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Walking among China's ancient warriors

By Peter Alexander, NBC News Correspondent

XIAN, China – We walked right into the Terracotta Army exhibit, standing side-by-side with 2,000-year-old relics. Imagine visiting the Constitution and being invited inside the glass.

We filmed, uninterrupted, for three hours. For my on-camera element, what we call the "stand-up," I was given permission to walk among the warriors. The security guard begged, "Very be careful!"

The tour was a once-in-a-lifetime experience. But, the road to get there was a study in Chinese bureaucracy. Here's how it happened:

Image: Qin Shi Huang's mausoleum
Dreamstime
Thousands of terra-cotta warriors watch over Qin Shi Huang's mausoleum, in Xian, China.

First try
It sounded like an unforgettable Friday. First-class tickets to Xian, home of the Terracotta Army. One of NBC's best cameramen as our crew.

The exhibit is made up of roughly 8,000 figures, dating back to 210 B.C., that make up what's essentially a clay army. The warriors are considered one of the most significant archeological finds of the 20th century. A family of farmers accidentally unearthed them in 1974, while digging a well, searching for water.

But, after a 5:15 a.m. wake-up, a 30-minute airport shuttle ride, a two-hour flight to Xian, and a one-hour private van to the museum, we hit a roadblock. Her name was Madame Zhou.

Madame Zhou is Assistant to the Section Chief of the Xian Province Relics Bureau (try fitting that on your business card). She was also our government "advocate" – meaning her job was to facilitate NBC News' access to shoot the warriors. On day one, we got access to the museum alright (indeed, the statues are very cool,) but just never got to shoot a frame of video for broadcast.

Not so fast
For nearly five hours, we waited – our gear stacked in the van – as museum and provincial government officials tried to sort out our permits. They shuttled us from one smoke-filled, unventilated room to the next, serving us refreshing glasses of water exclusively available in two temperatures: hot and steaming.

Despite the assurances we received from Madame Zhou while still in Beijing ("Everything is taken care of," and "I guarantee you will be satisfied"), we left empty-handed. An NBC first for all of us.

The museum folks blamed the local government and the local government folks blamed the museum for not completing the application process properly. I even hand-carried the pre-set filming fee all in cash. It didn't matter. Money wasn't the issue. Whatever the problem was, even though it was Friday, apparently, it couldn't be corrected until Monday. Welcome to China's bureaucracy. Here, when it comes to reporting, nothing comes easily.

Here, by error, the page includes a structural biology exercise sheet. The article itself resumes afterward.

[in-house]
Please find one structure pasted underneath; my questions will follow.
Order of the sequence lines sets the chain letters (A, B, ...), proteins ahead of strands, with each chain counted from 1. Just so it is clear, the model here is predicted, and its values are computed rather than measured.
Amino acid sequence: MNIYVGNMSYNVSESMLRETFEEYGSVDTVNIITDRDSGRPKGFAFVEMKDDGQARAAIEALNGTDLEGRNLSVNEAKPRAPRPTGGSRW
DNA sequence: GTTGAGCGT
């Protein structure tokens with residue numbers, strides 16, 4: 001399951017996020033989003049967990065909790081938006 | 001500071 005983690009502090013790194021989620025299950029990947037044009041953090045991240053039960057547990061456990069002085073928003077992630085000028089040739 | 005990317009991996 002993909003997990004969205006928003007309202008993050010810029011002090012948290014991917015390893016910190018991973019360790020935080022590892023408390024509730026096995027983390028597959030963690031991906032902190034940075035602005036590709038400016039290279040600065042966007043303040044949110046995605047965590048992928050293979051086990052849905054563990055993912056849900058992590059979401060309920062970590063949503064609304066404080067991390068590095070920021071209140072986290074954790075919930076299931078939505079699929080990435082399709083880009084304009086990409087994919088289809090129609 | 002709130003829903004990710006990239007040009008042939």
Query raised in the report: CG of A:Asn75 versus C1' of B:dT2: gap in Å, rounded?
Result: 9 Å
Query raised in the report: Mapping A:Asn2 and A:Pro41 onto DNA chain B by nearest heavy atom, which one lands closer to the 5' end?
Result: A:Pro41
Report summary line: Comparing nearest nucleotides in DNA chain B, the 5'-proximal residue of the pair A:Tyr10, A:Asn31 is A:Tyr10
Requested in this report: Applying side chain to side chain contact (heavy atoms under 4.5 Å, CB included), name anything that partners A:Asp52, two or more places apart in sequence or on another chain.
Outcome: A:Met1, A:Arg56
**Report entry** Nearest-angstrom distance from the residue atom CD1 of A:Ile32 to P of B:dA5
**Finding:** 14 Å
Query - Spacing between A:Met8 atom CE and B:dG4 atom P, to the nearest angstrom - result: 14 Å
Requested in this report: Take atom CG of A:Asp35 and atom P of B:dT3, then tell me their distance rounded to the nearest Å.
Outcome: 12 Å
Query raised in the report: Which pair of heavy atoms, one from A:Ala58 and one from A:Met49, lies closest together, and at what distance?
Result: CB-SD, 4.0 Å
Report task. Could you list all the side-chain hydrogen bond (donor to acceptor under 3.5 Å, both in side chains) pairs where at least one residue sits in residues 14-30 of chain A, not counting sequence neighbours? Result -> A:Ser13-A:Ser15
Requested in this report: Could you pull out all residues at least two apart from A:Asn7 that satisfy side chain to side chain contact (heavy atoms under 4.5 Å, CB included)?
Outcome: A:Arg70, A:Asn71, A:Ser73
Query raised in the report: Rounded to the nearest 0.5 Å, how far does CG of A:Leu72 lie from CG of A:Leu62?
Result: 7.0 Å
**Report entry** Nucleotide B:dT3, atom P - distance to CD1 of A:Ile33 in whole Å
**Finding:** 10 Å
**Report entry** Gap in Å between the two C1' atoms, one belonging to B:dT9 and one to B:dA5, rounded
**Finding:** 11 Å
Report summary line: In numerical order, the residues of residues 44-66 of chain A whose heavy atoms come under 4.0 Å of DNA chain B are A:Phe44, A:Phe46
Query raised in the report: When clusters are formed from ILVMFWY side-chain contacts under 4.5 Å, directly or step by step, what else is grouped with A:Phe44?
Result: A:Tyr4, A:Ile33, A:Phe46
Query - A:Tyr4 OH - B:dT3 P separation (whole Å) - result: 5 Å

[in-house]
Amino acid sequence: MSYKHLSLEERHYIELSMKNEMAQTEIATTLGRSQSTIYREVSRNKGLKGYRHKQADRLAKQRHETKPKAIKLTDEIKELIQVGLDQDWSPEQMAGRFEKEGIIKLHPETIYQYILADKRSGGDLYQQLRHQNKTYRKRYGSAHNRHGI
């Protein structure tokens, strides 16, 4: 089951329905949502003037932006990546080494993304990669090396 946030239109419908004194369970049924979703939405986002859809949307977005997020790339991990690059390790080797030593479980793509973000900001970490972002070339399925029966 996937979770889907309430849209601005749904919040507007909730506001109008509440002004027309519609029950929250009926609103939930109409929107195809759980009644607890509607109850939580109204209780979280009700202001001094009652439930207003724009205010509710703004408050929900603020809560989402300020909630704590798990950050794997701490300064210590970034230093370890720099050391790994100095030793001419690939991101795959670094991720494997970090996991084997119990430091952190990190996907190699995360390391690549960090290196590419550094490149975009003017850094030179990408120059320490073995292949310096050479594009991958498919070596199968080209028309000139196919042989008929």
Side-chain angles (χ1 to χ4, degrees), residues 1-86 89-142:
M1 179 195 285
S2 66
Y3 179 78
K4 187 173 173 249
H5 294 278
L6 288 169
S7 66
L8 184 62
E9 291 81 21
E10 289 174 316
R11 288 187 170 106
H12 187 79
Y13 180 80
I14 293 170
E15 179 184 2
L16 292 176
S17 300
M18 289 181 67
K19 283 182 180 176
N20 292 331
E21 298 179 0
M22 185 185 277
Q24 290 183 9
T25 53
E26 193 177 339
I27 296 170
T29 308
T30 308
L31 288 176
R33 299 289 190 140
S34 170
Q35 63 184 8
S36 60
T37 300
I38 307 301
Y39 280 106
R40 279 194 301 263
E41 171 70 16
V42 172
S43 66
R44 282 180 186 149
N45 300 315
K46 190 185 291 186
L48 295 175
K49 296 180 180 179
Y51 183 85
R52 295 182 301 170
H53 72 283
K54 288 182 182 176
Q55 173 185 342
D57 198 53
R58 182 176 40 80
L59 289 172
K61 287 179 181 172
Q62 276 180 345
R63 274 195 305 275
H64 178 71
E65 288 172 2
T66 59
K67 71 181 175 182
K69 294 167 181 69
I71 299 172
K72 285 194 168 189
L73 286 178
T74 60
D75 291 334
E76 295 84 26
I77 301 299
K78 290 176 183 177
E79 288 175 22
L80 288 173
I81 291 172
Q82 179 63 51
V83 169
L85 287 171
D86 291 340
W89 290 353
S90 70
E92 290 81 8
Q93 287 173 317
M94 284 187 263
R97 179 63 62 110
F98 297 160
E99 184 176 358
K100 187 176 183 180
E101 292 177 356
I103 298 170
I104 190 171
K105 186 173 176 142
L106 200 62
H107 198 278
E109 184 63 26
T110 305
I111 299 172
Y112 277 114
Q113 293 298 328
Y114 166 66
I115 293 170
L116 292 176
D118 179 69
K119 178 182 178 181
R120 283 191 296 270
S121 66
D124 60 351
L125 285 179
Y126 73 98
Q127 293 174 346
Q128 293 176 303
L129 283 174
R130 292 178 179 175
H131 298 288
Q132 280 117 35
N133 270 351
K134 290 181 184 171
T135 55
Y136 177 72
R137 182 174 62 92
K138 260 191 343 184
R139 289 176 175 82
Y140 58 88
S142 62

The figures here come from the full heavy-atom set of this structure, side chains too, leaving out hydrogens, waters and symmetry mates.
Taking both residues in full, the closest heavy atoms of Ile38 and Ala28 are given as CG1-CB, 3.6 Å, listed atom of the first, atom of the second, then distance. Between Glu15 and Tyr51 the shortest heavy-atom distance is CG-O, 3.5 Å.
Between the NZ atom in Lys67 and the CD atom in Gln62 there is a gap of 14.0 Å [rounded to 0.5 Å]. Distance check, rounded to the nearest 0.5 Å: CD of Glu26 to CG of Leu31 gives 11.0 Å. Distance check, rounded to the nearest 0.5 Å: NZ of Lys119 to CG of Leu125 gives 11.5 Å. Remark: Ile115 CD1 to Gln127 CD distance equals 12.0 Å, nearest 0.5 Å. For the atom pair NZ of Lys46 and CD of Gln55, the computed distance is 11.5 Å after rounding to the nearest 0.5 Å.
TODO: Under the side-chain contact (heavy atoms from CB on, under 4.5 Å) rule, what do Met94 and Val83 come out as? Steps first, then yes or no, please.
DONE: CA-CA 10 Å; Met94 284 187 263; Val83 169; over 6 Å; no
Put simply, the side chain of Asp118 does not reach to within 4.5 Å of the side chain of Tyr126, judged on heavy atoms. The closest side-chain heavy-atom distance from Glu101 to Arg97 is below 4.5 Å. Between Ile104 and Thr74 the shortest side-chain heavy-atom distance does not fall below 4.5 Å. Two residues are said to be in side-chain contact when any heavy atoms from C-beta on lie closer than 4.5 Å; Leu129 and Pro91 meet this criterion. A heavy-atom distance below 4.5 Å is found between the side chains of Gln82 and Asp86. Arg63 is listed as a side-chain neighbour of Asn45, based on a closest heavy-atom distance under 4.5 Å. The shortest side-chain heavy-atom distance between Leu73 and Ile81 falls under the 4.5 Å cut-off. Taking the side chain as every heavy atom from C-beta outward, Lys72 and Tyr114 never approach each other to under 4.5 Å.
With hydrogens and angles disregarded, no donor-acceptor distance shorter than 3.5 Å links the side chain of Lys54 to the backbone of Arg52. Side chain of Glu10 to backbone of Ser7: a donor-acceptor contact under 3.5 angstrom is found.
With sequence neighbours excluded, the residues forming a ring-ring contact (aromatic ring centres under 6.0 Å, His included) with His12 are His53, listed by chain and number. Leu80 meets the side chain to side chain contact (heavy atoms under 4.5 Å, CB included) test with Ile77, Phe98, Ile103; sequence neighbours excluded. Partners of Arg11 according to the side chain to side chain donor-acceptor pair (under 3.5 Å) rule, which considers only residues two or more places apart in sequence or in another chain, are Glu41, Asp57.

We decided to overnight in Xian's Old City at the trendy Sofitel Hotel and try our luck the next day.

(Which leads to a question: When presented with a free Friday night in central China, where would you dine? At a Japanese seafood restaurant named Koi? (Remember the closest ocean is better than 500 miles away.) Azur, Mediterranean. (Even further.) Or Le Chinois - Chinese food – or just food, as it's called here. We went with the Mediterranean, of course. If you're ever in Xian, I recommend the Fusilli Arabiatta. Just terrific.)

Wall lifted
The next morning, if only to snap a few photos for ourselves and give it one last try, we returned to the warrior museum. Again we were assured money was not the issue. (In fact, we learned the Chinese government had ordered all filming fees be waived during the build-up to the Olympic Games.) Our permits had been issued properly. Apparently all the museum wanted was an apology from Madame Zhou. The Relics Bureau, it seemed, hadn't gone through the proper channels before our visit.

But Madame Zhou was MIA.

With our infamous madame out of the picture, the grey cloud seemingly began to lift. At the museum's gates, we were met with open arms.

A three-man greeting party was awaiting our arrival. Our translator, Joy, hopped out first. Then, after a short conversation, she turned back to the van, smiling and waved us in.

Image: Terra Cotta Warriors
Mark Avery / AP

A terracotta statue, on loan from China, is seen at the Bowers Museum in Santa Ana, Calif., on May 6.

The museum is divided into three sections – Pit 1, Pit 2 and Pit 3 -- named in order of when they were discovered and excavated. Our van was directed straight to the outside of Pit 1 – the largest pit that's filled with columns of soldiers followed by chariots.

Inside, when cameraman Ray Farmer began setting up to shoot from the general admission area alongside the mass of tourists, our escorts looked at one another, confused. Then, they lifted a red rope, "This way, please!"

The statues are life-like and life-sized. Actually, they're larger than life. During the Qin Dynasty, the average man was 5 feet, 4 inches tall. The clay warriors stand closer to 6 feet. Historians believe Qin Shi Huang, the first Emperor of China who commissioned the statues as part of his mausoleum, surrounded himself with the biggest, strongest men in the land. There are over 8,000 terra cotta soldiers in total – as well as chariots and horses. No two alike.

Rounding out our shoot, we interviewed the museum's top tour guide, named Tiger. (He was born in the Year of the Tiger.) He was the perfect interview, punctuating every soundbite was a smile and a boyish laugh.

On the way back to Beijing, our cameraman Ray Farmer summed it up best: "Today made my entire trip to China a success."

The Chinese bureaucracy can be complicated and confusing, but by the end of our Xian trip, it was clear, our hosts saw value in letting us share their relics with the American audience.

Madame Zhou, you were right. We were satisfied. Satisfied, indeed.

Watch Peter Alexander's report on the Terracotta Army exhibit on the Today Show later this week.